For the Diaz brothers, the campaign trail is fresh. Mourning has consumed the family, and still does. But now, they are feeling her presence all over again as they make their case to lawmakers.

In those meetings, Dan Diaz, 43, often pulls out photos showing the famous smile of his late bride, or images of a happy couple who already knew their time together was ticking down.

“Her instructions to me were to see this through – and pride is what it comes down to,” Dan Diaz told NBC News. “When I find myself talking to a legislator, I’m proud of what she started.

“People have referred to, ‘Oh, she was courageous.’ Yes, I guess. But that was just Brittany being Brittany. That was nothing out of the ordinary. She would speak up for something that she didn’t think was right and wanted to change.

“So the emotion for me is: this is a legacy for her. She began this conversation, one voice triggering all this. Now, I’m proud to bring it to fruition,” added Diaz, who remains on temporary leave from his job as an executive in the consumer packaged goods industry.

In their stops so far, the Diaz brothers still feel momentum, they say, that she created with a series of globally viewed videos, produced months and weeks before her death. Dan says he looks forward to speaking with politicians who oppose his views: “Hey, maybe I’m missing something. It’s like: Convince me. I want to hear it. But so far, most of their arguments are based on fear, and that’s not any way we should make any public policy.

“People are afraid to talk about the topic of death.”

And tactically, the brothers believe Maynard was right about the political battleground she mapped in her final minutes.

“As California goes, so goes the nation,” Adrian Diaz said.

“California, if we get that one on the books, and if we can get New York, it’s kind of a domino effect,” Dan Diaz added. “The other states will recognize that all of the fears raised by the opposition, about slippery slopes and all that, the populations will rise and say: No, there isn’t that concern here.”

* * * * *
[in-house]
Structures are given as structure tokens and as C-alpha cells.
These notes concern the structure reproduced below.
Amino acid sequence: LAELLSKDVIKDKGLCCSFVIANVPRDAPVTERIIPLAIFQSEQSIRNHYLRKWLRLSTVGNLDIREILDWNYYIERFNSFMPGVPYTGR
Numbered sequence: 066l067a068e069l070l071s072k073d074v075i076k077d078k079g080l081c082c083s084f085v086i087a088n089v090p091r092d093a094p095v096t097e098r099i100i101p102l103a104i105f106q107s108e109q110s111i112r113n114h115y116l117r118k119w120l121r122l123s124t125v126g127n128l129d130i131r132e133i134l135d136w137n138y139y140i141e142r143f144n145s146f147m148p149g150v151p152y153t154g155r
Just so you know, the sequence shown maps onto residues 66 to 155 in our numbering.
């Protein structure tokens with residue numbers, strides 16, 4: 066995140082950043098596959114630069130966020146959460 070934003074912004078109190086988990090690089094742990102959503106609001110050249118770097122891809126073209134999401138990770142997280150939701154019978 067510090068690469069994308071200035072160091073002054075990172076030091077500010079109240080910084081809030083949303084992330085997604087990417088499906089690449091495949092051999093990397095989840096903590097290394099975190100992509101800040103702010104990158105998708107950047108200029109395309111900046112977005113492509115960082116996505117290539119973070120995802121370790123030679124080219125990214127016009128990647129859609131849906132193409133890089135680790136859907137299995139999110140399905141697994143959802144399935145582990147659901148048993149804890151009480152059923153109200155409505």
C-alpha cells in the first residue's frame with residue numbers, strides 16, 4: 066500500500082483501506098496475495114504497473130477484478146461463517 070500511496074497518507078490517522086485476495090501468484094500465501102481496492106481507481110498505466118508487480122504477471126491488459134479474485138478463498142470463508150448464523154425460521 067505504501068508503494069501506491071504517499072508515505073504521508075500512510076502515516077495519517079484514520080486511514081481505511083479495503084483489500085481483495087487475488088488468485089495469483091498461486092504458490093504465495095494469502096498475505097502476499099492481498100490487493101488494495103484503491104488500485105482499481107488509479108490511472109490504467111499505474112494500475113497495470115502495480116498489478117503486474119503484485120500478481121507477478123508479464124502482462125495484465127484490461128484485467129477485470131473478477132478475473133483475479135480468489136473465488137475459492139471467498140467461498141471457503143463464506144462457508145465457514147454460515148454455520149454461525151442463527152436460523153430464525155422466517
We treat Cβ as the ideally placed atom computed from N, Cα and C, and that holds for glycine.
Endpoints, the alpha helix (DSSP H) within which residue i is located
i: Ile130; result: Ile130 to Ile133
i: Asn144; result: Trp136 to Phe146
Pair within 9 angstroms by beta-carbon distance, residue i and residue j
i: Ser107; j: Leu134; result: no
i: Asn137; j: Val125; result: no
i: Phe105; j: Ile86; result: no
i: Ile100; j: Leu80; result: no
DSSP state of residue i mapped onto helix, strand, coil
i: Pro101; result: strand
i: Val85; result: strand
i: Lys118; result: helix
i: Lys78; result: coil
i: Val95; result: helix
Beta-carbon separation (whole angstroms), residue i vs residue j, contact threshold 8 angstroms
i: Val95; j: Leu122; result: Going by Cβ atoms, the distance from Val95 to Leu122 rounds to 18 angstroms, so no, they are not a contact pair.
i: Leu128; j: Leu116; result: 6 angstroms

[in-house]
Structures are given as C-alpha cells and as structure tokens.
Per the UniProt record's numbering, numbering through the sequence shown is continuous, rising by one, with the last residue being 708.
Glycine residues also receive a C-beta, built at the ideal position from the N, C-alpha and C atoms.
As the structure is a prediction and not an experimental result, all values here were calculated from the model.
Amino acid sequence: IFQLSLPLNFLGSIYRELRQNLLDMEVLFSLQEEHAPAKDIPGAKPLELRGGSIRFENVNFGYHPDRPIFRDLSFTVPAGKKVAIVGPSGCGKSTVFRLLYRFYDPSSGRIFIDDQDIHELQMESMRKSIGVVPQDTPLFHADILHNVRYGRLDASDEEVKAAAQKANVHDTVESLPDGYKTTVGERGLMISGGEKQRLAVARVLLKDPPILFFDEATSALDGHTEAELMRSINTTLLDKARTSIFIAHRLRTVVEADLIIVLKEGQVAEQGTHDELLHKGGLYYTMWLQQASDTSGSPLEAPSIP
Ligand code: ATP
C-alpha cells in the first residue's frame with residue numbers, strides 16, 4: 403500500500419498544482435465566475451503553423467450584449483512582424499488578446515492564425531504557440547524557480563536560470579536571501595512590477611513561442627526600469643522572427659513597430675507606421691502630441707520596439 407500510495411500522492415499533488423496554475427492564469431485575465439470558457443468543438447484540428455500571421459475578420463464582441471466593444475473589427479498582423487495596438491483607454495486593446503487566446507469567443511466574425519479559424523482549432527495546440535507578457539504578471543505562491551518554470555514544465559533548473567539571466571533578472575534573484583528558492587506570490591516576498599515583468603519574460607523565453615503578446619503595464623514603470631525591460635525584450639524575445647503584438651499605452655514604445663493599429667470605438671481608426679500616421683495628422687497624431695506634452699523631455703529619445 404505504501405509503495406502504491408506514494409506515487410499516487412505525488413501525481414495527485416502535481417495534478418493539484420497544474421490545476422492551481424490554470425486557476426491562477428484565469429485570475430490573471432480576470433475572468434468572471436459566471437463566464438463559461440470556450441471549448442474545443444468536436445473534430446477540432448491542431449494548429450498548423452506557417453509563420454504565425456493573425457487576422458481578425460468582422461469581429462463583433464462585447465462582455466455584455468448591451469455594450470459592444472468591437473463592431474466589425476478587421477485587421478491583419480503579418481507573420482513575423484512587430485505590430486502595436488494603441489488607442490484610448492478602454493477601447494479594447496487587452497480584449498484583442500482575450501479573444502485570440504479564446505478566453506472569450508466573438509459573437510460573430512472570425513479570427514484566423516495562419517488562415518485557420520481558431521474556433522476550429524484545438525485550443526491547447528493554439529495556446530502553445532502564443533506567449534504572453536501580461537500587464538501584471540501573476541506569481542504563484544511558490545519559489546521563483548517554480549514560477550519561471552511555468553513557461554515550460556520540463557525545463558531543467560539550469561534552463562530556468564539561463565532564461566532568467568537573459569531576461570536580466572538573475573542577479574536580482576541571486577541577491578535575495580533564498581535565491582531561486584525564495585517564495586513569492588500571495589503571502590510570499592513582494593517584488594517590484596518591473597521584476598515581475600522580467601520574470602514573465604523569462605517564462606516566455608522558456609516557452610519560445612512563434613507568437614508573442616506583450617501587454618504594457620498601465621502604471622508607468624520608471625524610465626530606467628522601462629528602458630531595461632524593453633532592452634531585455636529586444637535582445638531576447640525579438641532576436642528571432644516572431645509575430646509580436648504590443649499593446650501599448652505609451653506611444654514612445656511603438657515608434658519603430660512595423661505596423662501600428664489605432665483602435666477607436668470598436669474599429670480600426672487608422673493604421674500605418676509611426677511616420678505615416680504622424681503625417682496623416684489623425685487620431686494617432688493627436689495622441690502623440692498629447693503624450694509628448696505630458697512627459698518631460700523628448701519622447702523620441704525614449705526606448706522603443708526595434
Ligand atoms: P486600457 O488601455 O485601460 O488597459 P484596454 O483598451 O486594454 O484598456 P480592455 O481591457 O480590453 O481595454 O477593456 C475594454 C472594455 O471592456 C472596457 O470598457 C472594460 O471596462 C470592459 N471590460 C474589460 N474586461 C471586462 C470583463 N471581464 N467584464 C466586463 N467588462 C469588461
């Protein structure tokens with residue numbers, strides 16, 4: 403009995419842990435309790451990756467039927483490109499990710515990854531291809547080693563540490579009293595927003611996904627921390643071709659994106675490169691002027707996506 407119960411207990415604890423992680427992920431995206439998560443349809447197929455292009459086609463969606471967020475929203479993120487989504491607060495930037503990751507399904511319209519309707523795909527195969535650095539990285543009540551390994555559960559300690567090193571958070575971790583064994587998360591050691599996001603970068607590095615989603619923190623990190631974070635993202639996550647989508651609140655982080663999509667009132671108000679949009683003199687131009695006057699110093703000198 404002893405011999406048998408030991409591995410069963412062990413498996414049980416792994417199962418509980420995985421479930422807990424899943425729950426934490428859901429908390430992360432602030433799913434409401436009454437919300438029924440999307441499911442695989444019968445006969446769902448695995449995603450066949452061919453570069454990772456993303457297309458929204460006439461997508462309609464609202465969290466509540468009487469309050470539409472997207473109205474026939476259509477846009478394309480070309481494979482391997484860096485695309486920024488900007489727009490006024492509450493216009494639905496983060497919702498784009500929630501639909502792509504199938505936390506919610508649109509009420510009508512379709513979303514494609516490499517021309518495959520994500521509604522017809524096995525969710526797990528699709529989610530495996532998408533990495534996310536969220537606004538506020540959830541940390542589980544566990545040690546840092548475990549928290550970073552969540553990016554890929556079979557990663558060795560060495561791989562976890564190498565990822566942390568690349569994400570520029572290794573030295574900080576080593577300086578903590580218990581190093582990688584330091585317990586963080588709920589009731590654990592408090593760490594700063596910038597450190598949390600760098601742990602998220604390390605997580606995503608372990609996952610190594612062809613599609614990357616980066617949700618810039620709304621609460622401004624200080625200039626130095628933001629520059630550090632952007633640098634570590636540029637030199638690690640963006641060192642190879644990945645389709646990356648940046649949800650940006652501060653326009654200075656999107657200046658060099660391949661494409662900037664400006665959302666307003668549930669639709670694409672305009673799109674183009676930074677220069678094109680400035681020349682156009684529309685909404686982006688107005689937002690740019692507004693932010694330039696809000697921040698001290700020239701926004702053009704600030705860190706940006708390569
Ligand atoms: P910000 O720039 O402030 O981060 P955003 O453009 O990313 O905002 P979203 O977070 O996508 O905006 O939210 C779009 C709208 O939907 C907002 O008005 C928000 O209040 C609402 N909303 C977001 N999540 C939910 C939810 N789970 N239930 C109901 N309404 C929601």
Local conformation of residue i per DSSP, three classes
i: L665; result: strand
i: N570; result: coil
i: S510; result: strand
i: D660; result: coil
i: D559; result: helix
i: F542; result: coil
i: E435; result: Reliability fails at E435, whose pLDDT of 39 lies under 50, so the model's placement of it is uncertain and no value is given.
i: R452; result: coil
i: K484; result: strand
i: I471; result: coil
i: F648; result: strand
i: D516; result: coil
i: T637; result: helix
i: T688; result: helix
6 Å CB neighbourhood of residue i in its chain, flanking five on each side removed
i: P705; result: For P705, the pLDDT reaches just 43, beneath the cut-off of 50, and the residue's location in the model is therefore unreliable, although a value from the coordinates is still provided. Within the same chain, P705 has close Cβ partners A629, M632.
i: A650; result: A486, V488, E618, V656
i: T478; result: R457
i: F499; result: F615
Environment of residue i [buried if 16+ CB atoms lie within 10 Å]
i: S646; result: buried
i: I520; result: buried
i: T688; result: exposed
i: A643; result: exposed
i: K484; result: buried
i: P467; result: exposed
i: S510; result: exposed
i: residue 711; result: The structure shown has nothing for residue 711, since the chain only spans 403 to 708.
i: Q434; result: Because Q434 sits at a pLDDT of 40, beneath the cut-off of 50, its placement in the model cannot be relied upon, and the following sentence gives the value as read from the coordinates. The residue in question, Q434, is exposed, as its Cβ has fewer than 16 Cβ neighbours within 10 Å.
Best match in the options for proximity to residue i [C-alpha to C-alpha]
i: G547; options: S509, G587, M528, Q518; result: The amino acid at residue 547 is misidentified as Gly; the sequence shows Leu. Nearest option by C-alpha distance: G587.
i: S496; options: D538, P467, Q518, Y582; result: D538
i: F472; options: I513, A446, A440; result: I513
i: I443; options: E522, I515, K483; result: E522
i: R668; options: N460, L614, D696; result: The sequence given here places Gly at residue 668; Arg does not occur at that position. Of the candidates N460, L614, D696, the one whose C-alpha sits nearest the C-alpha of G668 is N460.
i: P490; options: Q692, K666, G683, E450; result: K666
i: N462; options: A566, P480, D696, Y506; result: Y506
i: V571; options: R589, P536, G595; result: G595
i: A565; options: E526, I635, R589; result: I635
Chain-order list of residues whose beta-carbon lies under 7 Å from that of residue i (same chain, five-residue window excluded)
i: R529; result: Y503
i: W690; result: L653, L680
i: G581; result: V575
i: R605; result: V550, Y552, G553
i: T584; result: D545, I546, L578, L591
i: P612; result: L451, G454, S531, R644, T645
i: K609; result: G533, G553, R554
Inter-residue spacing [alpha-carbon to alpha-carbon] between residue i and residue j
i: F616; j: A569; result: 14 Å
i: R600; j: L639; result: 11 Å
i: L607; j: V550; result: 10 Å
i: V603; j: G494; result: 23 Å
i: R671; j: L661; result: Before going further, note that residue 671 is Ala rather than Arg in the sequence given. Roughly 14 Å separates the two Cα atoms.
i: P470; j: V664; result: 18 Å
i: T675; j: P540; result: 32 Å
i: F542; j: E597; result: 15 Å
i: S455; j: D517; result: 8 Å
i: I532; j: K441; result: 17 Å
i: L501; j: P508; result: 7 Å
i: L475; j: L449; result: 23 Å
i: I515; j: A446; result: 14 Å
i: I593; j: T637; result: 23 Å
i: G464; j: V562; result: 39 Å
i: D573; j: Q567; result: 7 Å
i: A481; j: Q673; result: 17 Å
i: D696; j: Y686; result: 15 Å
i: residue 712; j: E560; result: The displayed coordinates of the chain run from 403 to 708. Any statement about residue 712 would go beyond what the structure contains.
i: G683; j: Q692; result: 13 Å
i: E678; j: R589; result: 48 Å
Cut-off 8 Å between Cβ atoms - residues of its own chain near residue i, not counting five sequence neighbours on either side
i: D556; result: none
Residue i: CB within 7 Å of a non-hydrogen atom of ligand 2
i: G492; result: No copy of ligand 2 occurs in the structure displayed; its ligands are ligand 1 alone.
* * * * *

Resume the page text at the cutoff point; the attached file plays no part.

According to a HealthDay/Harris Poll released in December, Americans support by a 5-to-1 margin (74 percent in favor, 14 percent against), that terminally ill adults with no option for recovery should be able to access aid in dying.

In California, two state lawmakers have announced that they expect to file a death-with-dignity bill before the end of January.

“Any of us could find ourselves in this predicament,” Dan Diaz said. “Get the laws on the books and let the decision be between the patient working with their doctors.

“It’s certainly not something a legislator or a politician or even a church official should weigh in on. That is part of our message.”

And so, this, is a STEP forward, on human rights, because we should have the rights to decide, IF we want to undergo further treatments for our debilitating conditions, or IF we just want to, leave, without dignities intact, and this woman had the control over H-O-W it’d ended in the U.S., so, this, is still, a step forward on the respects toward human lives.



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Filed under Coping Mechanisms, Cost of Living, Euthanasia, Life, On Death & Dying, Properties of Life, Right to Die, Social Awareness, Social Issues

A Son Could No Longer See His Mother Suffering in Illness, Burned Coal to Commit Suicide with Her, He Ended Up Getting Saved

Because he couldn’t bear to see his ailing mother suffer longer, that, was the road he took, from the Front Page Sections, translated…